For the estimated 28 million Americans with hearing loss, life is a series of missed opportunities. Frustrated friends and family members often tire of shouting and will just give up on communicating altogether. This can make the world a very lonely place for the hearing-impaired. Hearing aids — small electronic devices that amplify sound — can help restore many of the sounds that hearing-impaired people are missing. However, research finds that very few people who need hearing aids actually use them. Only one out of every five Americans who could benefit from a hearing aid wears one, according to a 2006 study from Duke University [source: Medical News Today].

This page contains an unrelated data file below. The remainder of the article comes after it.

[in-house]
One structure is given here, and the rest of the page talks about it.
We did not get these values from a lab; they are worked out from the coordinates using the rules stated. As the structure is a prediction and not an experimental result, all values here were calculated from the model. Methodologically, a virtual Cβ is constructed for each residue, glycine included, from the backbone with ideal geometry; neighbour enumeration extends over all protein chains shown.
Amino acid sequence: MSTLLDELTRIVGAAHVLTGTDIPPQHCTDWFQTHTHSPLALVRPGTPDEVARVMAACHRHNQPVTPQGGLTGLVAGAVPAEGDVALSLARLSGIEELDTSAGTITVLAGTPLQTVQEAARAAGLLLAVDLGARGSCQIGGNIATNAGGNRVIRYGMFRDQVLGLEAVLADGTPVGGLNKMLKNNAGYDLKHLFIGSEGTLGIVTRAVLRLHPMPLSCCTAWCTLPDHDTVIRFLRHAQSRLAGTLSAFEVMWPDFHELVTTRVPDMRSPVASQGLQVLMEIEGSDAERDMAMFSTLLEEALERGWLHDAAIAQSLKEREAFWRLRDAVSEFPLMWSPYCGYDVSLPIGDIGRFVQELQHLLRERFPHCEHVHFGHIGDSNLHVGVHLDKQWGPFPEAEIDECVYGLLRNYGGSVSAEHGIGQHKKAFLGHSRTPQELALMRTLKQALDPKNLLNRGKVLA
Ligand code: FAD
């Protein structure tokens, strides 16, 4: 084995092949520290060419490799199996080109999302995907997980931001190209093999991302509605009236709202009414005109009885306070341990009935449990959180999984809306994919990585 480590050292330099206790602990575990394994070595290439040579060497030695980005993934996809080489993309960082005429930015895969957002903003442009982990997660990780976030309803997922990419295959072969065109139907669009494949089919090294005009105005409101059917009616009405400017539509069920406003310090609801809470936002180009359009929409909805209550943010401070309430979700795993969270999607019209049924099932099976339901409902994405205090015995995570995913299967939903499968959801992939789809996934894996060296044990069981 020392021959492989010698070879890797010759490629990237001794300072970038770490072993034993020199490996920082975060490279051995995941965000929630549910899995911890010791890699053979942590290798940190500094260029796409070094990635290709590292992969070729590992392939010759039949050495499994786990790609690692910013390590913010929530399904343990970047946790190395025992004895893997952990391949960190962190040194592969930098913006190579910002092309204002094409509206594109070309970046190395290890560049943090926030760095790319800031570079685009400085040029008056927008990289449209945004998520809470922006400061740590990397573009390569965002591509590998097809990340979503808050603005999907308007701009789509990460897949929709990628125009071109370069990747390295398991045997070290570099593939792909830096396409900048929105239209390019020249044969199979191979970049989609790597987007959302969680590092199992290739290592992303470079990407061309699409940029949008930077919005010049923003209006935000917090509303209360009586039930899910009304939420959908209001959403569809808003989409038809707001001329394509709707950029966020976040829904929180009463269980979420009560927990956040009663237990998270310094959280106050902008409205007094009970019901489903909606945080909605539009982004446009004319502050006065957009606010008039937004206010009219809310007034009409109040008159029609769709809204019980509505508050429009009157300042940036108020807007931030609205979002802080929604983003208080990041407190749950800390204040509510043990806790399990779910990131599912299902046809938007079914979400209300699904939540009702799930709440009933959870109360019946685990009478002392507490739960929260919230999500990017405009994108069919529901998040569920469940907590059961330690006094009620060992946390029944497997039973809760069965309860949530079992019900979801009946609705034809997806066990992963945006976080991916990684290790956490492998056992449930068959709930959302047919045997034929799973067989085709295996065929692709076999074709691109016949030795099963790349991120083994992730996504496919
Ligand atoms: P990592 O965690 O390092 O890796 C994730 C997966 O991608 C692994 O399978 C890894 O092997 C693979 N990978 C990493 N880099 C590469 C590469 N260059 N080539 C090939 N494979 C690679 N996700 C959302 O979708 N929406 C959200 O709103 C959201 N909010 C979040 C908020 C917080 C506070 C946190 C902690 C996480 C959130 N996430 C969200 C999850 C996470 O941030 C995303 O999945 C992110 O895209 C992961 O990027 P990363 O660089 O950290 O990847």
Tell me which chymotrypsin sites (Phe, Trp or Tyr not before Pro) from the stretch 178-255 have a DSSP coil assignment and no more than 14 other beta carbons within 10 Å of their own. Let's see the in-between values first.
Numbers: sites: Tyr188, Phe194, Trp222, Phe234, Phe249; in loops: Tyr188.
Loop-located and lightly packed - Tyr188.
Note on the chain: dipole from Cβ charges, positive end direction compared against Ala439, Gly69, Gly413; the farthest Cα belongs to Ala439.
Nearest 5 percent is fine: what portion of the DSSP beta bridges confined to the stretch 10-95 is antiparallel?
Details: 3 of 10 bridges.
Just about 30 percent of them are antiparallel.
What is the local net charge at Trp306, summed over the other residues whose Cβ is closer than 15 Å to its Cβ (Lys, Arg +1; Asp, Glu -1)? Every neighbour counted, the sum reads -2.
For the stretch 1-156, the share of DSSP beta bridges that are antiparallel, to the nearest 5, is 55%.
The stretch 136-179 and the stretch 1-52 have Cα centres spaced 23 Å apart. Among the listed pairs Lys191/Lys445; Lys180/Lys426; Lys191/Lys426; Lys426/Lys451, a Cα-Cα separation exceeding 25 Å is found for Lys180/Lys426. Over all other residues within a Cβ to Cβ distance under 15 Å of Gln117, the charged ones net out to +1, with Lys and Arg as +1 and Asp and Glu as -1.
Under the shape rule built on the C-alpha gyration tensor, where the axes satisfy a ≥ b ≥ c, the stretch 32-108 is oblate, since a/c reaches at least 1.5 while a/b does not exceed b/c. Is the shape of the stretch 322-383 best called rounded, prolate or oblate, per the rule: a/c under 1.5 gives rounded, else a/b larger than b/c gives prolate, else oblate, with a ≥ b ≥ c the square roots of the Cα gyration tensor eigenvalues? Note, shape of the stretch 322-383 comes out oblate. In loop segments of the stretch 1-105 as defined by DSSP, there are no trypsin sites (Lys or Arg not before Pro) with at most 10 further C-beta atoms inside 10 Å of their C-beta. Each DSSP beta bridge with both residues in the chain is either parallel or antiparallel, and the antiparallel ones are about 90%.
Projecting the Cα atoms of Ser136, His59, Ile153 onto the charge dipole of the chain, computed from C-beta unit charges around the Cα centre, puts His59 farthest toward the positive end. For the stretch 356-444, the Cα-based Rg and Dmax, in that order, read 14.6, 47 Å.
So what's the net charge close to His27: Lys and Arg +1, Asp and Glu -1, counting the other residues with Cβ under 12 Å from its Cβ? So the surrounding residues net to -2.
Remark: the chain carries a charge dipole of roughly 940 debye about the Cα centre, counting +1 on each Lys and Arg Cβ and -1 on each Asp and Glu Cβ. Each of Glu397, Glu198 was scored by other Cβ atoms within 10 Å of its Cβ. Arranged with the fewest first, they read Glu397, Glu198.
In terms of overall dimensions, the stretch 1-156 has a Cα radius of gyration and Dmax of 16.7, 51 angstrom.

Some people pass on hearing aids because of the cost, while others do so because they are embarrassed to be seen wearing them. What they don’t realize is that many hearing aids are relatively inexpensive, and many of today’s hearing aid styles are so small that they are nearly impossible to spot.
In this article, we’ll find out exactly how hearing aids work, and learn about new technologies that are providing clearer, more natural sound for people with hearing loss. But first, let’s look at what causes hearing loss.
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